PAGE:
So here's my theory.  In the age before craft (BC), we had a lot of ideas about beer.  We believed "less filling" was a higher state of beer.  We feared "bitter beer face."  We had never heard of ales, never mind "styles," and considered Heineken impossibly strong and exotic.  Also, beer tasted bad.  There was a hollow tinniness to it, and the aftertaste was slightly unpleasant.  (I have no data to back this claim, but make it I shall: I suspect beer in the 70s was pretty bad, never mind how many hops it had, and that the technical quality and consistency of macro lager is very high today by comparison.)  You muscled your way through a beer to get to the next one and, if you persevered, the fourth one down the line.

We were ignorant.  On the one hand, we were told bitter was bad--seemed logical enough--but on the other, beer companies had essentially made it impossible for us to know what hops tasted like.  We never associated the two.  Now we enter the period after craft (AC) and for the first time taste hoppy flavors like grapefruit, lavender, and marmalade in our beers. They're not bad!  In some very abstract way, we can see how they might be called bitter, but it's not nasty bitter, tin bitter; it's single-estate-Ethiopian-dark-roast-with-notes-of-blueberry-and-black-pepper bitter.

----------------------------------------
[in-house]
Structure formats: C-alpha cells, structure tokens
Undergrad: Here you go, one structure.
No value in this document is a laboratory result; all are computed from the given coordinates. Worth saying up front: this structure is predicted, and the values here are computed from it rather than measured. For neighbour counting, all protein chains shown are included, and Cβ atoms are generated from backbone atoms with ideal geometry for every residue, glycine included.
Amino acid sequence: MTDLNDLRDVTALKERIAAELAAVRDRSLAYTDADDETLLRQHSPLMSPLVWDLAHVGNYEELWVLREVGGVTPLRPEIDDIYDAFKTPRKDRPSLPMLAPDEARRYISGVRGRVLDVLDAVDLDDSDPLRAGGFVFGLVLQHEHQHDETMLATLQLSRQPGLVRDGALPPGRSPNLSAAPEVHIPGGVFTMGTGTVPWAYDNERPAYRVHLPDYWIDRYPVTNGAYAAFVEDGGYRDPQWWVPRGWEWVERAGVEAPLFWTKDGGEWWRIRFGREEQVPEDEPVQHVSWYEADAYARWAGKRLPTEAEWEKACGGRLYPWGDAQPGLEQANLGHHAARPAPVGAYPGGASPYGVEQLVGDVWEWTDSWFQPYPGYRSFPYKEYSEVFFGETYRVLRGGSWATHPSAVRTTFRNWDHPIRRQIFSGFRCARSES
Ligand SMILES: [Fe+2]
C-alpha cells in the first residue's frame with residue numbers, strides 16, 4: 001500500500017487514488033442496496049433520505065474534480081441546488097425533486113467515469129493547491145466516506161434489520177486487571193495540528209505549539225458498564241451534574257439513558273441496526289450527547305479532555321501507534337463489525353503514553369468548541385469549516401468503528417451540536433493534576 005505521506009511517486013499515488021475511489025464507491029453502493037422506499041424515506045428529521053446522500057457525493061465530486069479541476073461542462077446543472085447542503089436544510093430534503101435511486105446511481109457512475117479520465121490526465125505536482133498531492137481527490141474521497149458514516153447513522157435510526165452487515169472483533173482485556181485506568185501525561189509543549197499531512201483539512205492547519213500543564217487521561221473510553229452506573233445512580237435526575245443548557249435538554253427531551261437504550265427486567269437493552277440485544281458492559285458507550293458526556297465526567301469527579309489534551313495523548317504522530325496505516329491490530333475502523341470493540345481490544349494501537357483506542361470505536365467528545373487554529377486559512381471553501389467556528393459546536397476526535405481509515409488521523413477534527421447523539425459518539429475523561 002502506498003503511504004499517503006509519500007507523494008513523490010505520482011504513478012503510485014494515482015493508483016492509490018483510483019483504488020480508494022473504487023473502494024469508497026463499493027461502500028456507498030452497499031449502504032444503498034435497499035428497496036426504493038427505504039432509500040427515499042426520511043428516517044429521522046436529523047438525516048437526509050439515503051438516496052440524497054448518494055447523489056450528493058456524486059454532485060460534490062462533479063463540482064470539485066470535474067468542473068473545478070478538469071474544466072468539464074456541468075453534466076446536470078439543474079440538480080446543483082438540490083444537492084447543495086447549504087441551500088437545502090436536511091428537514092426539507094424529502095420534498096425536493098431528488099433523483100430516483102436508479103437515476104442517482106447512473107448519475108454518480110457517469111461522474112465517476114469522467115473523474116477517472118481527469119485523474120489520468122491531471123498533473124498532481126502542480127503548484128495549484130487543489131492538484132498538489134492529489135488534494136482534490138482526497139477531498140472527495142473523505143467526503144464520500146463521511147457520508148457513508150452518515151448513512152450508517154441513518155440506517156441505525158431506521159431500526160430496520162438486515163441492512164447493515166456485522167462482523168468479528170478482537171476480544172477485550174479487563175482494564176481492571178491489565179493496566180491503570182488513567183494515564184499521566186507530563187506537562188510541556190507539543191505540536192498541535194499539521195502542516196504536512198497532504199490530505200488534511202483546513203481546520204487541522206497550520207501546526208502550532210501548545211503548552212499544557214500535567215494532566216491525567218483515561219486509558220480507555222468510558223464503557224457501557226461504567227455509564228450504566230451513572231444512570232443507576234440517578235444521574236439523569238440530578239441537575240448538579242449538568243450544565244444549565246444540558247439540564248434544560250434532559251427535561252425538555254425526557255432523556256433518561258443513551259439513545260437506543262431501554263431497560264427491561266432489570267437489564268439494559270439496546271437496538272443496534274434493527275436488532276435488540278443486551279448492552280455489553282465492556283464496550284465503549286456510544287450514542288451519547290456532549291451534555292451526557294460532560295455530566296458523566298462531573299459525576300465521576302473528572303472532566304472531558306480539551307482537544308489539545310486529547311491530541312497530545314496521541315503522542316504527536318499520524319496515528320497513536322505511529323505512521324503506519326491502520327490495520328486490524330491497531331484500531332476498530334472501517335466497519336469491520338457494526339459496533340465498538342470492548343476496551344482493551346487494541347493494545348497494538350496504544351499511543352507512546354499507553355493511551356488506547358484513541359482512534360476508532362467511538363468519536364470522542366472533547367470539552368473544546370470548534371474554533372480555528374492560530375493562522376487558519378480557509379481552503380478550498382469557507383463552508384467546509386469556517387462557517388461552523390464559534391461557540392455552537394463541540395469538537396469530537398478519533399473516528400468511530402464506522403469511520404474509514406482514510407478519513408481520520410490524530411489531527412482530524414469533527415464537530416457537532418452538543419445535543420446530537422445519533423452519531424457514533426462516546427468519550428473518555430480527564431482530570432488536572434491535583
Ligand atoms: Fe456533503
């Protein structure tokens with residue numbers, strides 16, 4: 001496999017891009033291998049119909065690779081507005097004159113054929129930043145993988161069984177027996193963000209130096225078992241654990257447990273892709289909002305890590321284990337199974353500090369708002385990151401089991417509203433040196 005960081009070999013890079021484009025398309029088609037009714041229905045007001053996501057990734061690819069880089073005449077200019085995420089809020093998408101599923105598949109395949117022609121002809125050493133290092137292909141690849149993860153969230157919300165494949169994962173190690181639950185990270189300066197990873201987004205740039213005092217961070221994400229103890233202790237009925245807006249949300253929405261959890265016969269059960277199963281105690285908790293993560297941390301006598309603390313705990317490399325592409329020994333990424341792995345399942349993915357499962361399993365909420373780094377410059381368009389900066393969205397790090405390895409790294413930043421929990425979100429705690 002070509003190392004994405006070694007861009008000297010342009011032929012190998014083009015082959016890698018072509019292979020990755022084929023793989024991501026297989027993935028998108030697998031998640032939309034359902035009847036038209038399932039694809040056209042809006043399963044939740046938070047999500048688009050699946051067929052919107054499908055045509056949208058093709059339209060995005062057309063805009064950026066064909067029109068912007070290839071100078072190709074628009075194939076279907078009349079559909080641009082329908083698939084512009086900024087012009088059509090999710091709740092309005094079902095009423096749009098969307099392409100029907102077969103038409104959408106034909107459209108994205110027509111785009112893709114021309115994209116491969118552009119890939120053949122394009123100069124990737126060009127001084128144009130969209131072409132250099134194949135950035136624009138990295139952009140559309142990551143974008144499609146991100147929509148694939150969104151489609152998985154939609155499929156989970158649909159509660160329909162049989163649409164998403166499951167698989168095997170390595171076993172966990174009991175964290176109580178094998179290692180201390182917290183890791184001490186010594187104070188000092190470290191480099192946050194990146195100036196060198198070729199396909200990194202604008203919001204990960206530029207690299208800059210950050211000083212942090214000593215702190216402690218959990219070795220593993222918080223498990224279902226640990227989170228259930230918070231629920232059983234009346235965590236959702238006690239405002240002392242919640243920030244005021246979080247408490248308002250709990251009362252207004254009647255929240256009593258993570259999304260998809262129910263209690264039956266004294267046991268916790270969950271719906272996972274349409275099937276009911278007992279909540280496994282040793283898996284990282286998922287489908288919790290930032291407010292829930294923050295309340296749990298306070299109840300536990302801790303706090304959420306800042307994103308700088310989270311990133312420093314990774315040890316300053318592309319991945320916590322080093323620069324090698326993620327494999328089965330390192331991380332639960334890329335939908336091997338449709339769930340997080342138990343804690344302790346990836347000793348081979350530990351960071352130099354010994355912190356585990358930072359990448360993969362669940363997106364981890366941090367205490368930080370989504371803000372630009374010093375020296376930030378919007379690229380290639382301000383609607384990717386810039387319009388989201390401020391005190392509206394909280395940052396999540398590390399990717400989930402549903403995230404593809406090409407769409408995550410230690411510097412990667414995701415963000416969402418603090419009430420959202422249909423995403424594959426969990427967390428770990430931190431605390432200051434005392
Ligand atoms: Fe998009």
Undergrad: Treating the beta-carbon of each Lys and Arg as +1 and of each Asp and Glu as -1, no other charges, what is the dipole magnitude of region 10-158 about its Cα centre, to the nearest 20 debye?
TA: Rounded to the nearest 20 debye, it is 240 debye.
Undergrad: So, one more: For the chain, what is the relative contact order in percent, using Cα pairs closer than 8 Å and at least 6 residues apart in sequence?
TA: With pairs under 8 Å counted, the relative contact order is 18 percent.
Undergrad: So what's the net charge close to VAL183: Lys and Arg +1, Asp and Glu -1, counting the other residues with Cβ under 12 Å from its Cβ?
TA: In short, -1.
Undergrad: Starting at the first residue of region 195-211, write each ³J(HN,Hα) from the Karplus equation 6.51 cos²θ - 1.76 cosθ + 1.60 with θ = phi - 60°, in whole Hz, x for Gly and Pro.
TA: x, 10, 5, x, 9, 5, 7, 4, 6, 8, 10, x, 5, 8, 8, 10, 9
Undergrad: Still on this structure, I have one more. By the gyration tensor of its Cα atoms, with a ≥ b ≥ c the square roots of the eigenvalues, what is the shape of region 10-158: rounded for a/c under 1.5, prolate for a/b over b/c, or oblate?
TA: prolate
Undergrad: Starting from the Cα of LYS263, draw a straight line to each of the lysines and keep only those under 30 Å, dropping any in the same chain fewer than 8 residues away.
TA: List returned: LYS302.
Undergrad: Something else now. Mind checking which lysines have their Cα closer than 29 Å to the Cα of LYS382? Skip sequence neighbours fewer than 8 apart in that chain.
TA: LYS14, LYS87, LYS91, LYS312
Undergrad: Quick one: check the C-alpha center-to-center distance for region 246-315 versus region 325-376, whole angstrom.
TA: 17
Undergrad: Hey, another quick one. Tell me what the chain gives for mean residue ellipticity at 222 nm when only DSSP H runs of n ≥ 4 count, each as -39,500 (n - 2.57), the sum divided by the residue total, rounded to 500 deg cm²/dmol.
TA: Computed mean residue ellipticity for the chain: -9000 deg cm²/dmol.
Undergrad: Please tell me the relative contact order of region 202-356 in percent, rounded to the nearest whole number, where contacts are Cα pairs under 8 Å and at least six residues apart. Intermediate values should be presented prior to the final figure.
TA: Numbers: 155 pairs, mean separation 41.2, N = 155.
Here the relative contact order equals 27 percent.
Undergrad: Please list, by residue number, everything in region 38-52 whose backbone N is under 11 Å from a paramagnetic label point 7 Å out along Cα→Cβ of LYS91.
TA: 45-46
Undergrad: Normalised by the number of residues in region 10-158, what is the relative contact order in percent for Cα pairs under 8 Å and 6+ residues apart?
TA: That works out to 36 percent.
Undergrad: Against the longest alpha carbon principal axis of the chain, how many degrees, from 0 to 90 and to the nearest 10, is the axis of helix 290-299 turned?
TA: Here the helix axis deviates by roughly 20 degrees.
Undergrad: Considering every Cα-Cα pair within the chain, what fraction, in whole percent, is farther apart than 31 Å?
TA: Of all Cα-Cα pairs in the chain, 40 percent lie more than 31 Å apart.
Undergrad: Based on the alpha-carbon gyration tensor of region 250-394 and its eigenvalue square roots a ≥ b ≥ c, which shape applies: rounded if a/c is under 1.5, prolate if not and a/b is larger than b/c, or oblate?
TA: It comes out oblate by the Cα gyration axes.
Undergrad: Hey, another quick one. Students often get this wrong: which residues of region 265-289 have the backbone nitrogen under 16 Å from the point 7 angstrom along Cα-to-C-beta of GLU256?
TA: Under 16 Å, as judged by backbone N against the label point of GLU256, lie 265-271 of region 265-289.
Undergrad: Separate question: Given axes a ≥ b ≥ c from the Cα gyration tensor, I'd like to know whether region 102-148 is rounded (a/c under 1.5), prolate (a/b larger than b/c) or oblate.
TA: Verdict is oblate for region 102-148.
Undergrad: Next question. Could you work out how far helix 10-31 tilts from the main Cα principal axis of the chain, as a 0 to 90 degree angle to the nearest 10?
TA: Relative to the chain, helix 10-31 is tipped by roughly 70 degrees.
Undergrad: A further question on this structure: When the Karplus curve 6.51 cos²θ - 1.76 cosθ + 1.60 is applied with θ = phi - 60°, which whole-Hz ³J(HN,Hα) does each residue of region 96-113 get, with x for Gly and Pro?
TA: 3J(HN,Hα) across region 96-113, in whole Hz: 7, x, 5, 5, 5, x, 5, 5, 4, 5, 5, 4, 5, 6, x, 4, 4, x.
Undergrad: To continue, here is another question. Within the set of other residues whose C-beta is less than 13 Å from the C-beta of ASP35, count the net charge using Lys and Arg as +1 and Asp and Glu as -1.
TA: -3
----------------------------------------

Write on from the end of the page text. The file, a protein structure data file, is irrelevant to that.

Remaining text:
Those who came to craft beer were a self-selected sample of people who didn't like mass market lagers.  Axiomatically, they were looking for something different, and along each dimension, IPAs offered a contrast: they were strong, they were fruity and ale-y, and of course, they were intensely-flavored.  There was a reason even very hoppy pilsners didn't take off--they were too familiar.  It had to be more than just hoppy.  The fullness and fruitiness of ales were a revelation.  But hops were key, and American hops, absolutely unfamiliar and even a little bit bizarre, were a big part of things.  Bolted to the chassis of a nice, full ale, they created flavors that seemed unrelated to beer from the land of sky-blue waters.  We were thrilled.

The rise of IPAs is similar both in pattern and kind to what was happening in artisanal food and beverage segments elsewhere.  When pursuing coffee, cheese, whisk(e)y, and wine, people went for the intense; they offered the best contrast to the bland, mass-market products they had grown up with.  In cuisine, "ethnic" foods (which are of course "foods" to people in different countries) have led a renaissance since the 70s and 80s, and we're forever looking for the next great flavor around the corner.

Looking back, it seems inevitable that a strongly-flavored beer was going to become king.  That it was IPA and not, say, tripels, is a little dicier to explain.  We are left to speculate.  American hops, once derided in other countries, have won the test of time.  Everyone now agrees: they're awesome.  So saturated IPAs are objectively tasty.  I also wouldn't underestimate the value of their being local.  I haven't figured out why this matters, but country after country, region after region, it seems to.  And finally, trends build on themselves.  IPAs may have won out partly because they started to get popular before people were exposed to Belgian styles and sour ales.

And that brings us to the end of my tale of Why IPAs Conquered America.  Surely you have your own theories and refutations, and as always, I welcome them in comments--